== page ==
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Confusing Changes For Medical Marijuana Dispensaries

Liz Jones

Some changes to Washington state's medical marijuana law kick in today (Friday). Meanwhile, several cities, counties and marijuana providers are still trying to make sense of the new guidelines. KUOW's Liz Jones reports.


Medical marijuana dispensaries have popped up all over the state in the past couple years. But now, a change in state law clearly makes dispensaries illegal. Instead, the state authorizes so–called collective gardens for up to 10 medical marijuana patients.

Dawdy: "You know, I'm getting phones calls constantly from people saying, what do I do, what do I do, what do I do?"

That's Philip Dawdy. He worked with the Washington Cannabis Association during the legislative session. He helped push for legislation that would create a statewide system to regulate medical marijuana.

Dawdy says Governor Gregoire's partial veto of the bill has created a gigantic mess. Cities and counties are interpreting the law differently. Dawdy says some are taking a lenient approach while others are moving toward bans on the gardens.

Dowdy: "It's going to depend on what jurisdiction you're in, and what county you're in, and what attitude your county prosecutor has. We may have 39 different versions of this for each county. It's frustrating. It's very frustrating."

Kent, Shoreline and Everett are among the cities that have put a moratorium on the gardens.

Meanwhile, the Seattle City Council passed a measure this week to clarify the city's approach. Pete Holmes is the City Attorney:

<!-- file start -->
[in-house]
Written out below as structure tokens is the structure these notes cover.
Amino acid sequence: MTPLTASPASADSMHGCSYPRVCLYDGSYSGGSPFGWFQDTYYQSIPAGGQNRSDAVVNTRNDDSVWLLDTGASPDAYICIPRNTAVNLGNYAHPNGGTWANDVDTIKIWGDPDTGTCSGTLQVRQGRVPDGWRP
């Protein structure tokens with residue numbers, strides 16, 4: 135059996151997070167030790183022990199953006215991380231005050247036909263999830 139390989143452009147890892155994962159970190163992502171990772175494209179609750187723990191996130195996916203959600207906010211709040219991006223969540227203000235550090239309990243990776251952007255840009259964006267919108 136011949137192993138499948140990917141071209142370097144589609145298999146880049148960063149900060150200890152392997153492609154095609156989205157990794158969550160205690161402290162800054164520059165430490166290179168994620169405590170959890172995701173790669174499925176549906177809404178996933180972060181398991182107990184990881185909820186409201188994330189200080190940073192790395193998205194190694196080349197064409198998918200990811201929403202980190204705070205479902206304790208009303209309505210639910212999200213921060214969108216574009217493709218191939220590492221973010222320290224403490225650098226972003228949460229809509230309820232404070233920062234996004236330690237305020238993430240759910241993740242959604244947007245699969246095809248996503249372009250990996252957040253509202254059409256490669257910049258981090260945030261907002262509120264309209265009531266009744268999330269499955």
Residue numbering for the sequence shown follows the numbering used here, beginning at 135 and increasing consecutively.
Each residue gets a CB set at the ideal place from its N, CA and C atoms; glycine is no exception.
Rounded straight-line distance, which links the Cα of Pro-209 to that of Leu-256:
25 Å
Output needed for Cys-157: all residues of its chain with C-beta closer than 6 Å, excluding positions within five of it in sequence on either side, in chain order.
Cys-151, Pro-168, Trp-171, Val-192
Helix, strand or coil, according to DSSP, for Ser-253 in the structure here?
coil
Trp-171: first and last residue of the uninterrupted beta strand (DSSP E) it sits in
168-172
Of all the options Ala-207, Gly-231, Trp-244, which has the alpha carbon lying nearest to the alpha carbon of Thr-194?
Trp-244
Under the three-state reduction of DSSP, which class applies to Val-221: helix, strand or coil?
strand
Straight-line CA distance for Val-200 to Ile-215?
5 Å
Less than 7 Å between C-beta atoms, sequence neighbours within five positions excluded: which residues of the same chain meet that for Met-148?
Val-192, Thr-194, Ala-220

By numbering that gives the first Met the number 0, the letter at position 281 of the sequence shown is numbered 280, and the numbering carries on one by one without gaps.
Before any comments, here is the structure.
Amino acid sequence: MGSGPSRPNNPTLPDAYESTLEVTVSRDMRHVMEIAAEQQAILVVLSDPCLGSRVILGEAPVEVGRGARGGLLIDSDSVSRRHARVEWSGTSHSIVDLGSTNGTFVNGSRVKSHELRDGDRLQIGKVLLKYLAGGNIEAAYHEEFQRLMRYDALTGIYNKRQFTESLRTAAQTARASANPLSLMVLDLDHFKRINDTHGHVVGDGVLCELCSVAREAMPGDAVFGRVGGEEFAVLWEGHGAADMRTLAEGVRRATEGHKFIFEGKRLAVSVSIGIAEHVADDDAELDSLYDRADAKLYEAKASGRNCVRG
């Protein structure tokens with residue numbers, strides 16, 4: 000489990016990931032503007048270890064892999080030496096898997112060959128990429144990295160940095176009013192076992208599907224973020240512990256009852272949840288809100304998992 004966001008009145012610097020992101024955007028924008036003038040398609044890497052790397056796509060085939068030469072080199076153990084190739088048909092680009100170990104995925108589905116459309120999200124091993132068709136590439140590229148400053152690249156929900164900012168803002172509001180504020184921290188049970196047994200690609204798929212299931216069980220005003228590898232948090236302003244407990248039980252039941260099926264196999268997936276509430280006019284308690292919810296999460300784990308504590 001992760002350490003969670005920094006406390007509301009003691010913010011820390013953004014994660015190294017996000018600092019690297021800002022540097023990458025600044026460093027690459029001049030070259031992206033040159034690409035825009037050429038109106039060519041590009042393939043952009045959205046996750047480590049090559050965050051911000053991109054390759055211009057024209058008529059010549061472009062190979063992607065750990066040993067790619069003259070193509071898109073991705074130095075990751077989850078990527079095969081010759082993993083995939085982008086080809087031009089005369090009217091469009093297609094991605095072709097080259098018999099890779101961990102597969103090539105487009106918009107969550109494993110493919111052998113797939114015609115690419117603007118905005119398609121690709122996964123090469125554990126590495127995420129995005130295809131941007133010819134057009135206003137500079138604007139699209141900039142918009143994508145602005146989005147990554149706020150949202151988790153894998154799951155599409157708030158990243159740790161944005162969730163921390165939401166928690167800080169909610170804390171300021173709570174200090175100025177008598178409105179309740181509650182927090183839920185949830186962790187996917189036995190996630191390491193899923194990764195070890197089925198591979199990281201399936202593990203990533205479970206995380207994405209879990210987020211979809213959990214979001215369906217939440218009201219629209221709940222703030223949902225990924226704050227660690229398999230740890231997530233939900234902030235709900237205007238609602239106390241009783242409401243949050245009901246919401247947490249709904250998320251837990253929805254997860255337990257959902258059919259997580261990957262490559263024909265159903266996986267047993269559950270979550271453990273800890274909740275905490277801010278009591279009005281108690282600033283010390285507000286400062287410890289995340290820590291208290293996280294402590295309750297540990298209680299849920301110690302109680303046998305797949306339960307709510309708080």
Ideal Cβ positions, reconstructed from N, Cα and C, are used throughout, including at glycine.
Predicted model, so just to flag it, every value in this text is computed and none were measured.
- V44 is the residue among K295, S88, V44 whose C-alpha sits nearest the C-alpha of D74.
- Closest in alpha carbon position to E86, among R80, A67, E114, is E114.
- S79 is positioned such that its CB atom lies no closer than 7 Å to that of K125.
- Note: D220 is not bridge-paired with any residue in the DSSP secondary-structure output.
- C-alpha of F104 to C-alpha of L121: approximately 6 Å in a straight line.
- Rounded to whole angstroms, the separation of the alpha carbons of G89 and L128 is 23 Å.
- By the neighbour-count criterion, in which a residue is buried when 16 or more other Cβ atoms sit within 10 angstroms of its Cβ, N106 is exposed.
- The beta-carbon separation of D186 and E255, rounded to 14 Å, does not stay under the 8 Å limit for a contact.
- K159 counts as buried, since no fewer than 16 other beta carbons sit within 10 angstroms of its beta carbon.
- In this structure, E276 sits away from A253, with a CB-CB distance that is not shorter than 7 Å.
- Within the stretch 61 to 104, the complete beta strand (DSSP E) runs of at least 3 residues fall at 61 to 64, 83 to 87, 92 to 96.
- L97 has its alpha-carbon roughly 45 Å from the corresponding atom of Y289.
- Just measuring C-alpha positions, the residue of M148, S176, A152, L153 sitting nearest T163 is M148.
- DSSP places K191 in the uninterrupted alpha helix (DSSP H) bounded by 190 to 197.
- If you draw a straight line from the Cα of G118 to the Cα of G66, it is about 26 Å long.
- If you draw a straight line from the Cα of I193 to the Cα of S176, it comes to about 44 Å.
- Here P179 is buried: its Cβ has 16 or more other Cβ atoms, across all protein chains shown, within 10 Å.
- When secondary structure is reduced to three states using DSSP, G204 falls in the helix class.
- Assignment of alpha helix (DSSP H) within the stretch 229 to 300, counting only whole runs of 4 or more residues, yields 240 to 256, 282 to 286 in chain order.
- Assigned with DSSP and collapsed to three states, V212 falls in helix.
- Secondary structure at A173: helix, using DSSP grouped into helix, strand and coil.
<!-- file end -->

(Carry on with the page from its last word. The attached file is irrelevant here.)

Holmes: "All we've tried to say is that as long as you're in compliance with all city licensing and code requirements, we're not going to bother you."

Part of the change from dispensary to collective garden means providers will need to track where the pot is grown and the patients who get it. The state will no longer maintain a patient registry.

Holmes says that registry helped protect patients from arrest.

Holmes: "You could simply show your card and the officer could access this registry and then on the basis of that information not even arrest the patient. So that went away with the governor's veto, and how these providers will have to maintain their patient lists is a separate question."

Holmes says talks with federal prosecutors lead him to believe patients will be safe if they're seriously ill, have a medical prescription and grow their own small amounts. The rest of the dispensary and collective garden business is still a gray area.

I asked State Attorney Rob McKenna's office for clarification on this state law. But a spokesman responded that his office is not involved in this issue.

Phillip Dawdy expects legislators will tackle this law again next year. Until then, he anticipates some providers will shut down or operate more discretely in many places, but not all.

Dawdy: "We may end up creating a system here where effectively Seattle and a few cities around Seattle are the safe haven for medical marijuana, and that's it until next year."

Safe haven may be a misleading term, considering medical marijuana is still illegal under federal law.

I'm Liz Jones, KUOW News.

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